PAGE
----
US Telcos Teeter Toward Bankruptcy As Comcast's Broadband Monopoly Grows

from the dysfunction-junction dept

We've noted time and time again how the US broadband industry's biggest problem is a lack of healthy competition. In countless markets consumers either have the choice of a terrible phone company or a cable giant. The nation's phone companies have spent the last decade refusing to upgrade (or in some cases even repair) their aging DSL lines, because they don't see residential broadband as worth their while. That in turn is giving giants like Comcast and Spectrum an ever greater monopoly in many markets, reducing the already muted incentive to compete on price or shore up historically terrible customer service.

It's a weird problem that's widely ignored by both parties, and it just keeps getting worse. This week, US telco Windstream filed for bankruptcy protection, partially thanks to a dispute with one of the company's creditors, netting a $310 million settlement Windstream couldn't swallow. More specifically, hedge fund Aurelius Capital Management had argued that a two-year-old spinoff of the company's fiber-optic cable network violated the covenants on one of its bonds, prohibiting "sale-leaseback transactions." The court agreed.

Windstream, for its part, issued a statement insisting that none of this was the company's fault, and that the bankruptcy protection wouldn't impact customers:

"Windstream did not arrive in Chapter 11 due to operational failures and currently does not anticipate the need to restructure material operations,” Thomas said. “While it is unfortunate that Aurelius engaged in these tactics to advance its returns at the expense of Windstream, we look forward to working through the financial restructuring process to secure a sustainable capital structure so we can maintain our strong operational performance and continue serving our customers for many years to come."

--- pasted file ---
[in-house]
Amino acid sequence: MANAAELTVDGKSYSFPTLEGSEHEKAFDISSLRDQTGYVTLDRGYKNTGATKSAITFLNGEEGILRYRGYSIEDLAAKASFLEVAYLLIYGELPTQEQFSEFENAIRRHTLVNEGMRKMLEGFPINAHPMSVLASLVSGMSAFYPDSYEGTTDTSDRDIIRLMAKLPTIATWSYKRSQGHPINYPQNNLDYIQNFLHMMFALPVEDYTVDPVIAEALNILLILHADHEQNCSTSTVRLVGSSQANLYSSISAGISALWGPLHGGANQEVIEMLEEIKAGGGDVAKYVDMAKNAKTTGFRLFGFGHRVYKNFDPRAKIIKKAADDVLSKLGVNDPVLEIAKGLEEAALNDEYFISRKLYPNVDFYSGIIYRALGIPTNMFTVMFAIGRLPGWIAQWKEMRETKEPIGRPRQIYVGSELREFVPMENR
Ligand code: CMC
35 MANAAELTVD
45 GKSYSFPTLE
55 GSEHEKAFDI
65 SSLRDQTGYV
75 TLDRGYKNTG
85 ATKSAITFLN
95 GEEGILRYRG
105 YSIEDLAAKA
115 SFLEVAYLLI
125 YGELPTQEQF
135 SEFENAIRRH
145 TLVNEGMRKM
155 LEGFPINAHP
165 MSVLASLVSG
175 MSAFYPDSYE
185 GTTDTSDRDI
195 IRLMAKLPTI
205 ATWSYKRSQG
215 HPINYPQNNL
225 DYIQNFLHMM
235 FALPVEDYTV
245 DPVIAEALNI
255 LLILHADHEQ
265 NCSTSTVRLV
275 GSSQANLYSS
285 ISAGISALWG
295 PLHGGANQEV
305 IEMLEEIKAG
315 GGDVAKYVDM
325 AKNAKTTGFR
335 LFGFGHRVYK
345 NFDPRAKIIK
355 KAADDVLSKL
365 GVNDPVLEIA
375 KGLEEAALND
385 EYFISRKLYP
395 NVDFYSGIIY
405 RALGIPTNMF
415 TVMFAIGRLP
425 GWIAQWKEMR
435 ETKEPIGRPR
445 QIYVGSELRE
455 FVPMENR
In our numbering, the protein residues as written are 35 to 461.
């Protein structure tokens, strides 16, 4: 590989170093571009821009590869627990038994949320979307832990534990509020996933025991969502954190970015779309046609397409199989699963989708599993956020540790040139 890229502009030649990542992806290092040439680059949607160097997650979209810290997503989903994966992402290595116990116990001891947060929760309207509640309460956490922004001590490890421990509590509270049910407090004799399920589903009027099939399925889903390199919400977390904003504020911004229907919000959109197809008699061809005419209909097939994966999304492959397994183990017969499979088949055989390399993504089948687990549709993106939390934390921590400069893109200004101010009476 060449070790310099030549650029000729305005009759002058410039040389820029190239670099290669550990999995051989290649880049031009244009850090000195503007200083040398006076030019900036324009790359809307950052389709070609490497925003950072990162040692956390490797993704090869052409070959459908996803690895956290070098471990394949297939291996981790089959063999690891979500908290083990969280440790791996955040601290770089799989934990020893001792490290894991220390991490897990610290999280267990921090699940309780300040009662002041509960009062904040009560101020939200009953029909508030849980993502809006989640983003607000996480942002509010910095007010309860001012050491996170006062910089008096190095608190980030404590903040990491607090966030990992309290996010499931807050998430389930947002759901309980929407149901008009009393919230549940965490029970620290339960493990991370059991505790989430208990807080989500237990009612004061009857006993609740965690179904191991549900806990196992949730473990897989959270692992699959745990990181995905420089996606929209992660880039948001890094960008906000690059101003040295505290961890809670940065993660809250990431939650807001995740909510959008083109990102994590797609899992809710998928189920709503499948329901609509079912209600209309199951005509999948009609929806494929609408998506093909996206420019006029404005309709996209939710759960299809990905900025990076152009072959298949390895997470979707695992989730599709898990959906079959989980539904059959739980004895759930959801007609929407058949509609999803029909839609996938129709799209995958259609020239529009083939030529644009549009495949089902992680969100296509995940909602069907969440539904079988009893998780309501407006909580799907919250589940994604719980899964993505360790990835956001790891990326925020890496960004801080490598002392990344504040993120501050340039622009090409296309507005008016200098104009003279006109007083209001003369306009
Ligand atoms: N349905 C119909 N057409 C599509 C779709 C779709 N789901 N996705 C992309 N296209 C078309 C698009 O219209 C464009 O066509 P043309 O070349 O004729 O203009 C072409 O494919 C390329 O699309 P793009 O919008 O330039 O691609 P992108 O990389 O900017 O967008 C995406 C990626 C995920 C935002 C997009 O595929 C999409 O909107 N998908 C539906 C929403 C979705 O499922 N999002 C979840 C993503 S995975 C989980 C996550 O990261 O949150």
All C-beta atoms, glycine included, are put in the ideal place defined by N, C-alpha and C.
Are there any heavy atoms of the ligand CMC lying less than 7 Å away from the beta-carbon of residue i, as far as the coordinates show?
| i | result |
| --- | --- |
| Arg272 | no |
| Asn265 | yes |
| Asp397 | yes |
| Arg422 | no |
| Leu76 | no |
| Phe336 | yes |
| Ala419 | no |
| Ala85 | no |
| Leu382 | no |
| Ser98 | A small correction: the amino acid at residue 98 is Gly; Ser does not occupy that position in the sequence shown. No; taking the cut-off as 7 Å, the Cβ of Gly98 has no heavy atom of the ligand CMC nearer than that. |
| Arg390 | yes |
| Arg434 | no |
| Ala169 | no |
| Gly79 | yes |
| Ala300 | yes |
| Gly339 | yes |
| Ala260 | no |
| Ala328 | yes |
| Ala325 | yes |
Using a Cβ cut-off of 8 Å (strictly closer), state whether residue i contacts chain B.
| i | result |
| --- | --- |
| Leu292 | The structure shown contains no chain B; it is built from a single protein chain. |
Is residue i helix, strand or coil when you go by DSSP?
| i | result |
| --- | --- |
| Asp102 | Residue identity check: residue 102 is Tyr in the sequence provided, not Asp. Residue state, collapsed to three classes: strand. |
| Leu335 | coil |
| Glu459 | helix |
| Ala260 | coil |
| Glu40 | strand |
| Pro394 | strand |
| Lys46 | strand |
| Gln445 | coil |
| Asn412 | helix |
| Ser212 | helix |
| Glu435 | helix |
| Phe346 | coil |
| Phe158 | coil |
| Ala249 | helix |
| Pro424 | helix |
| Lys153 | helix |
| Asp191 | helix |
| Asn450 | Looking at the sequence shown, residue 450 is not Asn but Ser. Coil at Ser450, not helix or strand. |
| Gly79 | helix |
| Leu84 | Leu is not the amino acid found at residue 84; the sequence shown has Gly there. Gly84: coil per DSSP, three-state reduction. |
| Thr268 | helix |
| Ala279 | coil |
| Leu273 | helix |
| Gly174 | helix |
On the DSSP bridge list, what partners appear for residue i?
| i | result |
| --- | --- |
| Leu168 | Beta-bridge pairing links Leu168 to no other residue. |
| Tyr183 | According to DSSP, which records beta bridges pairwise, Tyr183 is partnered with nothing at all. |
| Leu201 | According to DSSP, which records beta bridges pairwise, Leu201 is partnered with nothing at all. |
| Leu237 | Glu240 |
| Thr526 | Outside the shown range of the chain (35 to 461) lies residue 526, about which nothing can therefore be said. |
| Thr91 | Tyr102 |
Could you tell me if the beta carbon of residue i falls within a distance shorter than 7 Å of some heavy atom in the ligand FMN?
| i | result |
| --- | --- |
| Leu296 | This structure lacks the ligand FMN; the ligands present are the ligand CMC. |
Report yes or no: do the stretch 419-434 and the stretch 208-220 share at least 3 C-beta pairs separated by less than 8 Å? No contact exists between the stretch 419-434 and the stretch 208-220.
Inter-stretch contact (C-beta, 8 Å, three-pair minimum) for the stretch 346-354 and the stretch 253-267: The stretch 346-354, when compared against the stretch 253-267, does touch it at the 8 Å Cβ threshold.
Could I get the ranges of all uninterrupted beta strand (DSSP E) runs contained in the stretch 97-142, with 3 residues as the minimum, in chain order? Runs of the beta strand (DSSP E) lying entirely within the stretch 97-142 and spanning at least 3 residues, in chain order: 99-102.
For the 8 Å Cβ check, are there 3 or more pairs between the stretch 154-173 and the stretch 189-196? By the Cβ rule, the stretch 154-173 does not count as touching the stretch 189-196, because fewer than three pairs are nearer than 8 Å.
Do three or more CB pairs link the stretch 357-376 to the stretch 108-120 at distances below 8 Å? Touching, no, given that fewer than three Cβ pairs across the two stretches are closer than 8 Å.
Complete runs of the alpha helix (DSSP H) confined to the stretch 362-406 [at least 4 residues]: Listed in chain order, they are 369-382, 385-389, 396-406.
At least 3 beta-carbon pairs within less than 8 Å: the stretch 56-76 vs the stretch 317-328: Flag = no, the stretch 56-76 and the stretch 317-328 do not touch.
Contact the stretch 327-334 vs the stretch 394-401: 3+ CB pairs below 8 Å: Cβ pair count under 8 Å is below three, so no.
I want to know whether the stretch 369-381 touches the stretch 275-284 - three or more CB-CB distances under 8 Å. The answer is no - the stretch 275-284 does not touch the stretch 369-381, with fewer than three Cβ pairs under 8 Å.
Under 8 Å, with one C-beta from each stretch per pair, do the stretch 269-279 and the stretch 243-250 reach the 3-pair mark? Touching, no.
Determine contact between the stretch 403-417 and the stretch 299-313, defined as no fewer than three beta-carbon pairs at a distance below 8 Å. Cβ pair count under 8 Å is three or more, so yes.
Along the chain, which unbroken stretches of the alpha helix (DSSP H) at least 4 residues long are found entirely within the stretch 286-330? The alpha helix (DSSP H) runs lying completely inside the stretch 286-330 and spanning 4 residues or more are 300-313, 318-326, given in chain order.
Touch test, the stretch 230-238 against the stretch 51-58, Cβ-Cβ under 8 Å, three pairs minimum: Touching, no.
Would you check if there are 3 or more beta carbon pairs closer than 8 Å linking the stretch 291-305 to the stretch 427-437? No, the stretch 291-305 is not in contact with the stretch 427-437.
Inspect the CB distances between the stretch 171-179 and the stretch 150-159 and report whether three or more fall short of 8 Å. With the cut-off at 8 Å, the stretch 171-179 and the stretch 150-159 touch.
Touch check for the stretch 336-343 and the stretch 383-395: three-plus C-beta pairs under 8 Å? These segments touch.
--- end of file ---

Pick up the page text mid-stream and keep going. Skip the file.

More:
But Windstream's inability to swallow the court ruling comes directly from the company's already shaky footing.

Windstream was already $5.6 billion in debt and, like many US telcos, stuck in a cycle of dysfunction. Customers continue to flee to cable competitors at an alarming rate, because the telco often refuses to seriously upgrade its DSL lines to fiber at any real scale. And it can't upgrade its DSL lines to fiber at any scale because customers are leaving at an alarming rate, draining their coffers. Watching these companies (and a few oddly bullish investors) pretend this ends well for anybody involved has often been a comedy of errors.

Windstream isn't alone; telco giant Frontier has also been perched precariously on this cliff for the last few years. Our collective bipartisan reaction to this has been to throw a few million in subsidies at the problem and hope the regulatory capture and other obvious sector problems just magically fix themselves. The problem is so bad, many towns and cities have been forced to build their own broadband networks, something that's immediately vilified as "socialistic" by the same industry whose greed, apathy, and incompetence caused the problem in the first place.

None of this stuff sees much interest in the broader tech sector, but it should.